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Squareup.com Shines Worldwide Spotlight on Immigrant-Owned Yassin's Falafel 

Yassin Falafel film premiere
On Thursday morning, approximately 45,000 viewers watched the online broadcast of the first short film from Square, the digital credit card processing company, as it was happening live before an audience in downtown Knoxville. The event’s host was also the documentary’s subject: Yassin Terou, owner of Yassin’s Falafel House on the corner of Walnut and Clinch, across from Lawson McGhee Library.

Right there in the restaurant, a beaming Yassin sat next to Square and Twitter founder Jack Dorsey. And there they were again, on the big-screen monitor in the corner of the restaurant. And there they were again, animated on the screens of the myriad smart phones held by assembled guests. It was a uniquely 21st Century tech moment, to be sure.

Yassin tells his story in the eight-and-a-half minute film, which was shot over Thanksgiving weekend. He arrived in Knoxville in 2011, fleeing the political turmoil and violence in his native Syria. He found a supportive community at his mosque and started selling falafel sandwiches—20 at a time—at the mosque on Fridays. With support from Knoxville native Nadeem Saddiqi, an imam at his mosque, Yassin’s Falafel House opened in the Walnut Building in late summer 2014.

Yassin’s falafel sandwiches, chicken shawarma and baklava earned early raves among the downtown lunch crowd, and its reputation soon spread beyond downtown. The restaurant has 235 5-star reviews on its Facebook page, 62 5-star reviews on Yelp, and 39 ratings of “Excellent” on TripAdvisor.com.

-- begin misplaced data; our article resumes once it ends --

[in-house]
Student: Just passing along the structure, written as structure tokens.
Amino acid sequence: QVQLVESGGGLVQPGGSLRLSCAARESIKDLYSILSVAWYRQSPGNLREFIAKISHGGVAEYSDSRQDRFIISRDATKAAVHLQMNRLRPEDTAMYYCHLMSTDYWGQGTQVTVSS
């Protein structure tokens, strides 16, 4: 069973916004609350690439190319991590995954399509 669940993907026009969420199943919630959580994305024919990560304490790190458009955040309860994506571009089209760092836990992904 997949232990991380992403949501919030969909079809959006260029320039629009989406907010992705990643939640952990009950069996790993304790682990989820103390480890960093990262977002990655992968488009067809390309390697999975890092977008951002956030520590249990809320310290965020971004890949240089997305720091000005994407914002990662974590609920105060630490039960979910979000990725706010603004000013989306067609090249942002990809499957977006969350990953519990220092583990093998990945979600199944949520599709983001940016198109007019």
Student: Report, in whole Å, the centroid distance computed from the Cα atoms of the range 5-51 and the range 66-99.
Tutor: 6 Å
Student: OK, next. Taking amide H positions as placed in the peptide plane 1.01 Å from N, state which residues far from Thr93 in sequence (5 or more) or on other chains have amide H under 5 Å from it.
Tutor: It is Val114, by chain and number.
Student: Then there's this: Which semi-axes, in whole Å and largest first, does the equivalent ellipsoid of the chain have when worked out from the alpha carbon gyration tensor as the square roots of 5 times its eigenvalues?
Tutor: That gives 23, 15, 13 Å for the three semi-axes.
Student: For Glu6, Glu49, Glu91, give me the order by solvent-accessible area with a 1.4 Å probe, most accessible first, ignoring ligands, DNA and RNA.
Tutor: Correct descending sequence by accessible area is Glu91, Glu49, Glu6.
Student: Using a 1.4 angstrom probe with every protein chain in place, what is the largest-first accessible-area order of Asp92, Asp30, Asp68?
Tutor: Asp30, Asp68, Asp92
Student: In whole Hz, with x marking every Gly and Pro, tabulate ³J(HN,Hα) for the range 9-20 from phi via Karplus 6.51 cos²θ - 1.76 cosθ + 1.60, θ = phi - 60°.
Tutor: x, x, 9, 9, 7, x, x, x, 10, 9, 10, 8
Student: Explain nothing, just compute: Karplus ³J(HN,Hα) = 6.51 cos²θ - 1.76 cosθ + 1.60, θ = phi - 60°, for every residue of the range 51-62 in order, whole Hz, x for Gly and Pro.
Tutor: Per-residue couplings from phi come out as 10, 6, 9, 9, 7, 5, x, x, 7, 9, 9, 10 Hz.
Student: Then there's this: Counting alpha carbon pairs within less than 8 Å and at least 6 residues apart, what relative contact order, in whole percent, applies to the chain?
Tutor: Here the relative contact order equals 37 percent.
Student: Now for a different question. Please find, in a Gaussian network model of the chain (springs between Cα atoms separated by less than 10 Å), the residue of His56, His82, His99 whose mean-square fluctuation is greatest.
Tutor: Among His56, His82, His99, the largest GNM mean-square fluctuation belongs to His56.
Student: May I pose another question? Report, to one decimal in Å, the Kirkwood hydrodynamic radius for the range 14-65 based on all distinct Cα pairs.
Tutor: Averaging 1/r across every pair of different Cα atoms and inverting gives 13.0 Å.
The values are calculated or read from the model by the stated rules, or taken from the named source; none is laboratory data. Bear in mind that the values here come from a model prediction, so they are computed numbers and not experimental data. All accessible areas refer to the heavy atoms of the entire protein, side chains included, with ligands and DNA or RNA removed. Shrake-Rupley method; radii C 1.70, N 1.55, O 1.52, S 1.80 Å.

“Since he opened his downtown Falafel House, Yassin Terou has provided delicious food and a warm, welcoming place for everyone," Mayor Madeline Rogero said." He has quickly become a local fixture, not only because of his amazing falafels and tahini sauce, but because of his obvious love for our entire community. He is a wonderful example of the invaluable contributions made to Knoxville by our immigrant and refugee populations, and a great American success story. Congratulations, Yassin, on this well-earned recognition! Thank you for everything you do for Knoxville.”

Once the film concluded, the cameras turned once again to Jack Dorsey, who asked Yassin what advice he would give to other small-business owners.

“Be who you are,” he said. “Treat everyone with respect and love, and you will get it back.”

“What would you like to say to the people of Knoxville?” Jack asked.

“Thank you for adopting me,” said Yassin. “I am a son of Knoxville.” The crowd cheered. 

Yassin being interviewed

Posted by ptravis On 26 January, 2017 at 2:57 PM